‘We are absolutely horrified’: Gun owners, advocates react to California DOJ data breach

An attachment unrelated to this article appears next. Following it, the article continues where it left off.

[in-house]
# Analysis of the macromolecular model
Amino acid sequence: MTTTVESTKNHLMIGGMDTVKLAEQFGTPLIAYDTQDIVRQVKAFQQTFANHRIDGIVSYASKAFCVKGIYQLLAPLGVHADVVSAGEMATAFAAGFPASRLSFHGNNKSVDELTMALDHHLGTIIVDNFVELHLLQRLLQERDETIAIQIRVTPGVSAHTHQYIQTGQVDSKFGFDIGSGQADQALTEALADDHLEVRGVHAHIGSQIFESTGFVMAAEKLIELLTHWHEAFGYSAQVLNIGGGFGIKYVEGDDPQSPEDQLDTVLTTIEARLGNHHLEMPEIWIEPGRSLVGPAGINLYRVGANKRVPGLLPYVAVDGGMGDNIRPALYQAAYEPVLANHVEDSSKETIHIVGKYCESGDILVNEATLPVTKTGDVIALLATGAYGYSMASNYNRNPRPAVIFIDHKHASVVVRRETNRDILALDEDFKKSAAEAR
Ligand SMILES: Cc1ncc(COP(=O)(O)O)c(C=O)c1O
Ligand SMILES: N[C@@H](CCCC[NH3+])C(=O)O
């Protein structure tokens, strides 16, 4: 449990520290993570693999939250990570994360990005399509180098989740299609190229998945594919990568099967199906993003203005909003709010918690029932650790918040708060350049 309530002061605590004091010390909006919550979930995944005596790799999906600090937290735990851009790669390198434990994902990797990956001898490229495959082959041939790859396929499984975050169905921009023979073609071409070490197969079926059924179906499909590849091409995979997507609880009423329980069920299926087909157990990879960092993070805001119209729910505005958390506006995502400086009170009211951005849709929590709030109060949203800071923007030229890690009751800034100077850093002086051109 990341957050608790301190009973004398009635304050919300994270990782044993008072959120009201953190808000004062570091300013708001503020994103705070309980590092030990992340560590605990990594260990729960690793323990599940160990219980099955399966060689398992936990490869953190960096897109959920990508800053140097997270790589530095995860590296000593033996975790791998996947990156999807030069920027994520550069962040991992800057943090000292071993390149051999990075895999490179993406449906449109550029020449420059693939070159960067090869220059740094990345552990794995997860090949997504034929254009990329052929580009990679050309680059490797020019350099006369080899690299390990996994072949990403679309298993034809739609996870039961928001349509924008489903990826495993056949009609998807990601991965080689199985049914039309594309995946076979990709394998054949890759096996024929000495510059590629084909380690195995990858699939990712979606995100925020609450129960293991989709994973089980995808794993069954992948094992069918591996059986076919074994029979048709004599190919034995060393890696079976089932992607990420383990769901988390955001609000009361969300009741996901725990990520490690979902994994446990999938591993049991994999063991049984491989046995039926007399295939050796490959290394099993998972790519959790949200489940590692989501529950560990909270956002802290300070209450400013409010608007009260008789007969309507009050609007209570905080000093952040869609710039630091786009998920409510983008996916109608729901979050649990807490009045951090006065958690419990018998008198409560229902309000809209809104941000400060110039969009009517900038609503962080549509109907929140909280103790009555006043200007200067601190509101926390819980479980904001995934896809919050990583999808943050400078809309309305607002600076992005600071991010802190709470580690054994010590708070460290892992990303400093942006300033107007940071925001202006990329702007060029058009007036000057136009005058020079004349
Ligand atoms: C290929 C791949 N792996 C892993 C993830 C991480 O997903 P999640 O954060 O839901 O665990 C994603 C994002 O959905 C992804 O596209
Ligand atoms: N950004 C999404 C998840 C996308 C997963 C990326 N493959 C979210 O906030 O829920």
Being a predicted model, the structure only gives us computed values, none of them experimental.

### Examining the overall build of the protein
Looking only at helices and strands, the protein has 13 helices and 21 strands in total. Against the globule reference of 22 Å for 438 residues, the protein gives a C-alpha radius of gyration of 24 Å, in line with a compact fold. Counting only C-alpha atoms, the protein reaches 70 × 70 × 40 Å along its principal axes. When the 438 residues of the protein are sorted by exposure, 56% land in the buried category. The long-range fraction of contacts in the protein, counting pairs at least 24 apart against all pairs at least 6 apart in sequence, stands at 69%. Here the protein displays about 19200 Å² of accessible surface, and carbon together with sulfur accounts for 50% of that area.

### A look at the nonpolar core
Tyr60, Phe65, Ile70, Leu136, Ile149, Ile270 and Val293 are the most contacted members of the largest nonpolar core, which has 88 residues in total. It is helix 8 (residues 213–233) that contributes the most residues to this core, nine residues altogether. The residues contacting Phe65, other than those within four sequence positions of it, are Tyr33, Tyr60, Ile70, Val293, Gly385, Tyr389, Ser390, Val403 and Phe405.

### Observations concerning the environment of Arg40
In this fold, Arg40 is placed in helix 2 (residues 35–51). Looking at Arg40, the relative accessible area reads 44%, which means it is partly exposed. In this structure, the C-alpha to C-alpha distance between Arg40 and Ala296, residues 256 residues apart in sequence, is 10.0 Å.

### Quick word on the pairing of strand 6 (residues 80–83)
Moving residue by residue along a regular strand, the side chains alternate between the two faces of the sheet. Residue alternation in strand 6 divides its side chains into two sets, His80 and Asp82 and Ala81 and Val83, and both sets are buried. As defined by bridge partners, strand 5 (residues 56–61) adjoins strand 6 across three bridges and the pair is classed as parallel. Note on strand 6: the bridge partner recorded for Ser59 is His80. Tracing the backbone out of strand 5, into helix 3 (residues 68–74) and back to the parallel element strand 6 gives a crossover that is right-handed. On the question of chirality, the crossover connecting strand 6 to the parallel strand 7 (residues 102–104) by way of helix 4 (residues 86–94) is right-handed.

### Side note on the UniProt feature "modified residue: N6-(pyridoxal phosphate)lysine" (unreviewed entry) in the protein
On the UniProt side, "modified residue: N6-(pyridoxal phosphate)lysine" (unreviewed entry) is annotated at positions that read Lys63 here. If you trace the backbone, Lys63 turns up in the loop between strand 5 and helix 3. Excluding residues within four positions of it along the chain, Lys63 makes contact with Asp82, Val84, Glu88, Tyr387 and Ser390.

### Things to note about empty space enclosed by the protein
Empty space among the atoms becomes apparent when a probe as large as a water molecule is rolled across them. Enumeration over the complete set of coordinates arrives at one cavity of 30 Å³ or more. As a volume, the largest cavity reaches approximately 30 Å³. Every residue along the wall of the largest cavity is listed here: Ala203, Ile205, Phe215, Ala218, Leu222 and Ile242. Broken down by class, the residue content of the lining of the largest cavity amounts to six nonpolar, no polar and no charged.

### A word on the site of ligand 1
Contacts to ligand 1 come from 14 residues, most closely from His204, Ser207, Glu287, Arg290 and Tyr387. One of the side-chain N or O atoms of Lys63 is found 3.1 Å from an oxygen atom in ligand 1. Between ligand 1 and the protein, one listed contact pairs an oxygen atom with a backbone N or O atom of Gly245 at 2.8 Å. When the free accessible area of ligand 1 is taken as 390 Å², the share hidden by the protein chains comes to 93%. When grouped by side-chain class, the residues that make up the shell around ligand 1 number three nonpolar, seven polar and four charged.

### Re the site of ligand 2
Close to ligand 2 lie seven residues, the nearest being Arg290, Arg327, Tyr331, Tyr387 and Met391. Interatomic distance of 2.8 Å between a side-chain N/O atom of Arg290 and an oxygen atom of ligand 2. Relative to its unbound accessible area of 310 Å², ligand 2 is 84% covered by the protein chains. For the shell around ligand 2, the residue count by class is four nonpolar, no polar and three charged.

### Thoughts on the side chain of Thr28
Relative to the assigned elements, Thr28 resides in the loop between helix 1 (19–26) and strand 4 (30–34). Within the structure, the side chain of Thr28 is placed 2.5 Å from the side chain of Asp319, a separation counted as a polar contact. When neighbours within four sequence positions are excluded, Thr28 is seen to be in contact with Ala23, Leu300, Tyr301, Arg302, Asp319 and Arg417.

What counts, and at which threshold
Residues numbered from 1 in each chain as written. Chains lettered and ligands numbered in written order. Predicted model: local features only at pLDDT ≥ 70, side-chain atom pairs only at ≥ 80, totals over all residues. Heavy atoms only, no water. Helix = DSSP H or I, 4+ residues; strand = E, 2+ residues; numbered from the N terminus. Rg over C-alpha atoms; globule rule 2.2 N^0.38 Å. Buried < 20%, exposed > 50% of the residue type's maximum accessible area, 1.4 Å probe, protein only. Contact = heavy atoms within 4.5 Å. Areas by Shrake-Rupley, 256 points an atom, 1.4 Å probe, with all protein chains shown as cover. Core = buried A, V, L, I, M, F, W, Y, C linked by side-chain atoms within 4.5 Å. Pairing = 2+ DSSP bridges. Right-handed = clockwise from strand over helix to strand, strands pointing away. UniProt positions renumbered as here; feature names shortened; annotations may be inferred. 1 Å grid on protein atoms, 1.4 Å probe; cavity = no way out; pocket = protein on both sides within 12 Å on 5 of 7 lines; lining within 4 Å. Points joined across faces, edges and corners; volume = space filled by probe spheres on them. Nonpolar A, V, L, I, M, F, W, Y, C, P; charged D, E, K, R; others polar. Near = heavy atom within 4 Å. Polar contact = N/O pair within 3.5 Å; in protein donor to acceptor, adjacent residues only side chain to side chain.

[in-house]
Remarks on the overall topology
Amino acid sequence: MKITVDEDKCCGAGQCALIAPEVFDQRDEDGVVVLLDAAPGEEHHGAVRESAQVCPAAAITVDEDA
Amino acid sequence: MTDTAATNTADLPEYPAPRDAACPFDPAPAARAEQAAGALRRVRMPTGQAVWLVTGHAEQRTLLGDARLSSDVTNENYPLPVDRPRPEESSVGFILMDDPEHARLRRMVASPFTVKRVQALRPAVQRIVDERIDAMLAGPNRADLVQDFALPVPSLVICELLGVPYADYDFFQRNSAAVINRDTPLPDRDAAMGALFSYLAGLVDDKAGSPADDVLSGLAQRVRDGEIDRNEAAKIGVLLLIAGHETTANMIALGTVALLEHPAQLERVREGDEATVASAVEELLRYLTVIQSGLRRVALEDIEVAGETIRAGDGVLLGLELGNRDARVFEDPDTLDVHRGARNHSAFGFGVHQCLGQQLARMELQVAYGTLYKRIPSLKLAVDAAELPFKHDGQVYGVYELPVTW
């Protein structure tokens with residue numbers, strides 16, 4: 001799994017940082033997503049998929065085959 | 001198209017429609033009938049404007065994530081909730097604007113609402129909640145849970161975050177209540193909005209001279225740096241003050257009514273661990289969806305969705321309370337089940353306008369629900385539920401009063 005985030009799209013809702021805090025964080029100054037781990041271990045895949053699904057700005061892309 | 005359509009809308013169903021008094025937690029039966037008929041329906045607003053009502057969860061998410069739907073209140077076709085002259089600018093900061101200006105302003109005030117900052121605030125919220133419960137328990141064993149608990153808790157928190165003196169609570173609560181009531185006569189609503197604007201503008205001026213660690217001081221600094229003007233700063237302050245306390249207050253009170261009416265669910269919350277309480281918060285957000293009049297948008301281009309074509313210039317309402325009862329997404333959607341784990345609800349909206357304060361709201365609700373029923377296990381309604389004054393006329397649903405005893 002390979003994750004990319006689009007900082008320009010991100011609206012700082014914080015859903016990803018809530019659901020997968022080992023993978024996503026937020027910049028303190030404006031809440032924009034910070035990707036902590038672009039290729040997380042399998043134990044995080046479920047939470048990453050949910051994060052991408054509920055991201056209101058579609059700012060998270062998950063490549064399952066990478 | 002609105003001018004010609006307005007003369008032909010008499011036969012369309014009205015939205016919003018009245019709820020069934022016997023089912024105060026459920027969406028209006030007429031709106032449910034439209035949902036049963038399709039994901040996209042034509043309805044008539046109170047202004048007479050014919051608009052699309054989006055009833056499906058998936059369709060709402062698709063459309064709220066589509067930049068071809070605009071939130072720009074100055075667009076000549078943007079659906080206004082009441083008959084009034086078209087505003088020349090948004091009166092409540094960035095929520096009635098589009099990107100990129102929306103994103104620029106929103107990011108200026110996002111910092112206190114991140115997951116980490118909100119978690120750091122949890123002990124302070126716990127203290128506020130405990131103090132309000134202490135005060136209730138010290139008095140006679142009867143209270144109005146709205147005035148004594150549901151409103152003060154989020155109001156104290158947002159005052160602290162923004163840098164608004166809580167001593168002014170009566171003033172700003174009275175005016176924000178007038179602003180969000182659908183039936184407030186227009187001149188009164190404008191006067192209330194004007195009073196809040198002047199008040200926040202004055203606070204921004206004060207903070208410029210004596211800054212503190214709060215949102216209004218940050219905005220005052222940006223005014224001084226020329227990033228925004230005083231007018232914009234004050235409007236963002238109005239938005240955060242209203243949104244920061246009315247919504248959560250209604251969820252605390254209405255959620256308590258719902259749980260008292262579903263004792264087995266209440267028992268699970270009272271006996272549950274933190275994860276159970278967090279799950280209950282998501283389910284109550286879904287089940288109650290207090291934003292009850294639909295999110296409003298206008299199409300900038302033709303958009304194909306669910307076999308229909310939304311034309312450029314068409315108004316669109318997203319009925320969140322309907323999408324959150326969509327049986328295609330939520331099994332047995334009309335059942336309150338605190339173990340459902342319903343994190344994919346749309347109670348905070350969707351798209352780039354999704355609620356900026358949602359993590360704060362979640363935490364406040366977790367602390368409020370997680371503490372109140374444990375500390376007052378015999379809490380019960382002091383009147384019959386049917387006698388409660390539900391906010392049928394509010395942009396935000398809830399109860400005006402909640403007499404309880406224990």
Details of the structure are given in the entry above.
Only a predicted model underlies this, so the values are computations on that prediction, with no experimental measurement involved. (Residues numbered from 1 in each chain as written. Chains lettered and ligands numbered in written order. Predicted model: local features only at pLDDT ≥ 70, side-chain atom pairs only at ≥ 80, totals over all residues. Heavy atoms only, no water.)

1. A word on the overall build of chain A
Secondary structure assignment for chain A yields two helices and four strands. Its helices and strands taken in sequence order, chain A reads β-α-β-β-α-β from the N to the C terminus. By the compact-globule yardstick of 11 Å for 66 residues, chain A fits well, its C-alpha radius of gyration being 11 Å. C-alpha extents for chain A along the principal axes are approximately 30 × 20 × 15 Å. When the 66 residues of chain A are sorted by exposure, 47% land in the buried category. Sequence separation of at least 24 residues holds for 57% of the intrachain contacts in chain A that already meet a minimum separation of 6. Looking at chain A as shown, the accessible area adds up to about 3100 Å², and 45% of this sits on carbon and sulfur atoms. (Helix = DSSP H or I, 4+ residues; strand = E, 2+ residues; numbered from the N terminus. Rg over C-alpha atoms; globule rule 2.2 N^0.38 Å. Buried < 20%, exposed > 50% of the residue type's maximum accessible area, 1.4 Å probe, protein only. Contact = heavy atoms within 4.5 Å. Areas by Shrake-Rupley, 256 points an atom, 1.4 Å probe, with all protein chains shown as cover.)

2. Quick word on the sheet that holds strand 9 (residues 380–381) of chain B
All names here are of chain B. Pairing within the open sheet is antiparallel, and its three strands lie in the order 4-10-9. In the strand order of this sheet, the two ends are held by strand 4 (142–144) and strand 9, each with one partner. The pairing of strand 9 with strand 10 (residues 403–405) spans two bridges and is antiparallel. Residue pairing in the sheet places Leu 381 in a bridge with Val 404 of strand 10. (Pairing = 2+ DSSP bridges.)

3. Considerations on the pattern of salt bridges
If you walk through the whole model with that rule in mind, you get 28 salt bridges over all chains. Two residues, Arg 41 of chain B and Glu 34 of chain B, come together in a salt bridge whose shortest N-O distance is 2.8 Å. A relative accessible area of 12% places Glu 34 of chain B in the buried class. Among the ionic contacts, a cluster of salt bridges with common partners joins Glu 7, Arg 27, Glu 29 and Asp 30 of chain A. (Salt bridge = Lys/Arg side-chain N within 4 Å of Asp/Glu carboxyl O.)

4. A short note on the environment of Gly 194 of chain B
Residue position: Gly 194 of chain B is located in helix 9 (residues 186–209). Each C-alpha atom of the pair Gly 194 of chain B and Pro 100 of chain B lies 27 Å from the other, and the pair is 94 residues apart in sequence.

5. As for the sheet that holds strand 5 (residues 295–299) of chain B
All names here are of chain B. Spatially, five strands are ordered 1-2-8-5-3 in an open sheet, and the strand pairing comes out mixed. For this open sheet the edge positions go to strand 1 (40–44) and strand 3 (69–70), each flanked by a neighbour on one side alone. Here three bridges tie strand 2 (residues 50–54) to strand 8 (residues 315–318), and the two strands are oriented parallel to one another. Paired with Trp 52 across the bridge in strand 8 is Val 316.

There are growing concerns Wednesday night after a major data breach exposed information of thousands of gun owners – and now, investigators are trying to determine how that information got out.The California Department of Justice said that an update made to its Firearms Dashboard Portal Monday leaked the personal information of Californians who were granted or denied a concealed and carry weapons permit between 2011 and 2021. That included their names, birth dates, gender, race, driver’s license numbers, addresses and criminal history. The DOJ said the dashboard was online for less than 24 hours – and the website is currently unavailable.| READ MORE | California gun data breach exposes personal info linked to 10 years of concealed carry permitsThe DOJ is investigating how this could have happened. In a statement, California Attorney General Rob Bonta said, in part, “This unauthorized release or personal information is unacceptable and falls far short of my expectations for this department… I am deeply disturbed and angered.”But Sam Paredes, executive director of the Gun Owners of California, told KCRA 3 he blames Bonta for allowing the breach to occur in the first place.”We are calling for Attorney General Rob Bonta’s resignation because he has clearly been unable to control his agency,” Paredes said. “There are actually lawsuits already making their way through the process, challenging privacy issues against the Attorney General.”Now, Paredes – and other gun owners and gun advocacy groups – want whoever was responsible for the data breach to be held accountable. Parades said that’s especially because of the safety implications.”We are absolutely horrified,” Paredes said. “The biggest concern is, now you have given a roadmap to anybody with evil intent.”Butte County Sheriff Kory Honea, president of the California State Sheriffs’ Association, told KCRA 3 he and other law enforcement officials are working with the DOJ to alert the people whose data was leaked.”This is an alarming situation,” Honea said.Honea added that one of his main worries is the possibility of criminals stealing guns.”At the end of the day, I think that there’s been a real loss of peace of mind on the part of many law-abiding citizens,” Honea said. “Now, they have to be concerned about falling into the wrong hands and being used in a way that causes them harm.”Although it is unclear how many people were affected, some gun advocates said it could be in the hundreds of thousands. That is why the California Rifle and Pistol Association said it is getting state lawmakers involved.”We’re getting them to write letters to the AG, demanding a full investigation demanding that someone’s held accountable, or somebodies are held accountable, and that we get to the bottom of this, and we make sure this never, ever happens again,” California Rifle and Pistol Association legislative director Rick Travis said.The DOJ said it will provide credit monitoring services for those whose data was exposed. You can also place a fraud alert on your credit report, which could help protect you against someone trying to open new accounts in your name. For more tips, click here.The DOJ said data from other dashboards were also leaked. That information includes the Assault Weapon Registry, Handguns Certified for Sale, Dealer Record of Sale, Firearm Safety Certification, and Gun Violence Restraining Order.